Figure 2: Five-point moving average of voting intention in Ireland (April 2011 – January 2016)
Note: For more information on the parties see: Fine Gael (FG); Fianna Fáil (FF); Labour Party (Lab); Sinn Féin (SF).
This can at least in part be explained by the relative success of Sinn Féin, and the somewhat nebulous group ‘independents and others’ who between them have attracted the anti-austerity vote. While it has stabilised and perhaps drifted slightly lower in the past year, Sinn Féin have still approximately doubled their support since 2011. The rise of independents and others is perhaps the more striking development over the parliament. At its height in mid to late 2014, almost a third of voters preferred that option; as recently as January 2014 it could still attract nearly a quarter of voters, which suggests that the anger felt by a large proportion of the electorate over the collapse of the economy in 2008 has still not abated.
Looking ahead to the 2016 election
The Irish government has yet to call the next election, but it is generally accepted that it will take place towards the end of February or perhaps early March. Can we make any tentative observations as to the likely outcome? Given the recent trend of the polls, it is likely that Fine Gael will retain its position as largest party and will be in pole position to lead the next government. Even if it does so as a smaller party than in 2011 this will be an historic achievement – since 1932 no one other than Fianna Fáil has won successive elections in Ireland.
If Fine Gael is to lead the next government, who will be its coalition partner, or indeed partners? Given the consistent nature of its decline since 2011, it is difficult though by no means impossible to see Labour contributing enough to retain a two party coalition, in which case one or more of the smaller parties which have arisen since the last election, such as Renua (founded by Fine Gael members of parliament who were expelled from the party over differences on the issue of abortion) or the Social Democrats (founded by former independent members of parliament and a former Labour junior minister who resigned the party whip over health policy) may come in to play, as indeed may other Independent members of parliament who may form a significant pool from which to choose.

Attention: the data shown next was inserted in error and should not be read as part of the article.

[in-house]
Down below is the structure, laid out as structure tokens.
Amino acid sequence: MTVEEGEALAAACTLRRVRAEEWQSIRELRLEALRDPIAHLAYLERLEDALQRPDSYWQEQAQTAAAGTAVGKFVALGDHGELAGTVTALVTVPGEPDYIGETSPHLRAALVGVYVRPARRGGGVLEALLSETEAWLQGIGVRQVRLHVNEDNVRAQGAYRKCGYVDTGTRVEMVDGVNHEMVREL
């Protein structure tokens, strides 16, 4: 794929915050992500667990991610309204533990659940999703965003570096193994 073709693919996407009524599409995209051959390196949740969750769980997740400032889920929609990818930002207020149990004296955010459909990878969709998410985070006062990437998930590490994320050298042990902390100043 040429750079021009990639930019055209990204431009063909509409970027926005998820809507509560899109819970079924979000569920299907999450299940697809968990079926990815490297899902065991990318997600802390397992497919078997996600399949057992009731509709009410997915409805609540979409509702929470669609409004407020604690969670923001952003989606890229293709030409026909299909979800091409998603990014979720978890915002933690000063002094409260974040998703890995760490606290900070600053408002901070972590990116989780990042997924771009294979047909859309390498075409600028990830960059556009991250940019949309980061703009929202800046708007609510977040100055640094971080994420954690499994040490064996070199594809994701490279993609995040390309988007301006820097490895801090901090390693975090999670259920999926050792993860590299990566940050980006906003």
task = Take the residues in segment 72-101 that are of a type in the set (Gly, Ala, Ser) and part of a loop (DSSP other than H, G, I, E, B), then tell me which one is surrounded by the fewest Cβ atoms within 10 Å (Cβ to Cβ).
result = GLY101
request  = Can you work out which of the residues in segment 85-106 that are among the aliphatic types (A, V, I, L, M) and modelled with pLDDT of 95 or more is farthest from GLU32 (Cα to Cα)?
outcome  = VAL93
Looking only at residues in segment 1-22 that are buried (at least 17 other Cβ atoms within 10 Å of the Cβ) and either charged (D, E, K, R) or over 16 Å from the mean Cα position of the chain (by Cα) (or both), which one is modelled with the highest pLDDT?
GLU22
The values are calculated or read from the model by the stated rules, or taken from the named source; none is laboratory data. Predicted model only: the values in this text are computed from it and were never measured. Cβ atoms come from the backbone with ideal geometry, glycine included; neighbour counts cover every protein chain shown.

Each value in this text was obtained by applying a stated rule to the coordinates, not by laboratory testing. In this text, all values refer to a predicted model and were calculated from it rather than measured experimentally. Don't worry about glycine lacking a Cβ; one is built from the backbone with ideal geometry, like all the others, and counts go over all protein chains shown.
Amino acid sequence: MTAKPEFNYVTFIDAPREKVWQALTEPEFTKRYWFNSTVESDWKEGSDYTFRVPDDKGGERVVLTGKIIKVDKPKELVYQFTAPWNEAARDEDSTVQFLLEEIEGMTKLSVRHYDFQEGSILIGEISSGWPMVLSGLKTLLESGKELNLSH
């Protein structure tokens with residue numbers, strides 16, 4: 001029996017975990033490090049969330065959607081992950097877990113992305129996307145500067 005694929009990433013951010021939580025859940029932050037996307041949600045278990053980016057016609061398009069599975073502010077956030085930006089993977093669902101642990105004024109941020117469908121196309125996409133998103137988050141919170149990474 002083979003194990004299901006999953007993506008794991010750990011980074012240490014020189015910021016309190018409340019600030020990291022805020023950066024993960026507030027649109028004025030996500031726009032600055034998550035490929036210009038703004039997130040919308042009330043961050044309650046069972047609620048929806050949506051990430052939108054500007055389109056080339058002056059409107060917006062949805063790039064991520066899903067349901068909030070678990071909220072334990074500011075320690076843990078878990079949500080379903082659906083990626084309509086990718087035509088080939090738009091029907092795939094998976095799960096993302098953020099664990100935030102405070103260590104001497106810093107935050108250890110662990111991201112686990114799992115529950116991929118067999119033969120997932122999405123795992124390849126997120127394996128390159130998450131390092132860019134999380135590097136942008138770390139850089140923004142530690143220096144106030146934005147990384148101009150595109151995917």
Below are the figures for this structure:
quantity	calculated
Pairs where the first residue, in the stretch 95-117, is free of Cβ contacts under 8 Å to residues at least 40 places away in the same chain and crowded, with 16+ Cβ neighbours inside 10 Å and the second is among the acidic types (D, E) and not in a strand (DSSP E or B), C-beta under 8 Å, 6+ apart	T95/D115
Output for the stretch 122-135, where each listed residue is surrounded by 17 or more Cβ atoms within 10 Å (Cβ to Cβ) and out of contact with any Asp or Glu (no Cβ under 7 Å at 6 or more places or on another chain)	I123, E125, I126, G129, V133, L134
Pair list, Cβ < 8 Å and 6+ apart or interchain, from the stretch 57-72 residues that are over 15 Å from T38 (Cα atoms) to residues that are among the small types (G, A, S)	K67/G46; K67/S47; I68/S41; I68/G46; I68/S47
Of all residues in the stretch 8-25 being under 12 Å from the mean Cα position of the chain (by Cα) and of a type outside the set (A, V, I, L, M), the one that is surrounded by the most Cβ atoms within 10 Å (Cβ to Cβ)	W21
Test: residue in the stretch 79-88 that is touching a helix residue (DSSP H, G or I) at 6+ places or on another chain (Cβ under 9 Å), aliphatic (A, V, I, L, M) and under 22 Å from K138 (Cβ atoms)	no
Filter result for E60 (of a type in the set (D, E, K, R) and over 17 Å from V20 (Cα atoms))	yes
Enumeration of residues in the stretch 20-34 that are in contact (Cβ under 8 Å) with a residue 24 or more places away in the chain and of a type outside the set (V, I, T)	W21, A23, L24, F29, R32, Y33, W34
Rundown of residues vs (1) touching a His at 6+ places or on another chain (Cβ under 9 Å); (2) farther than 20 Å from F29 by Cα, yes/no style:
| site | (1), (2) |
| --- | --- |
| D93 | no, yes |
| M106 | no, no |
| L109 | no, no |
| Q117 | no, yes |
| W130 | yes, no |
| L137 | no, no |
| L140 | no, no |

That leaves Fianna Fáil and Sinn Féin, both of whom at this point in proceedings have declared their unwillingness to go into government with Fine Gael. Fianna Fáil may have fallen back from the heights they reached in the polls earlier in the parliament, but having outperformed those polls in the 2014 European and local elections, they may do so again. If so, at least some of that revival could be at Sinn Féin’s expense, recovering some of the voters that defected in 2011.
One final technical issue to note relates to the voting system. The Single Transferable Vote system is reliant on vote transfers as well as first preferences. Both Fianna Fáil and Sinn Féin are historically less transfer friendly than Fine Gael or Labour – in 2011 this manifested itself in Fine Gael receiving a record electoral bonus of a share of seats almost 10 percentage points or around 15 seats higher than their share of the vote. If this repeats itself in 2016 the outgoing government may find it easier to return as a two-party coalition than may seem to be the case on current polls.
Note: This article gives the views of the author, and not the position of EUROPP – European Politics and Policy, nor of the London School of Economics. Featured image credit: European People’s Party (CC-BY-SA-2.0)
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James McBride – University of Limerick
James McBride is a PhD candidate in the Department of Politics and Public Administration at the University of Limerick. He was previously director of the Irish Social Science Data Archive. He is editor of the Irish Voters Decide website, which contains updated content from Richard Sinnott’s 1995 book on Irish voting behaviour.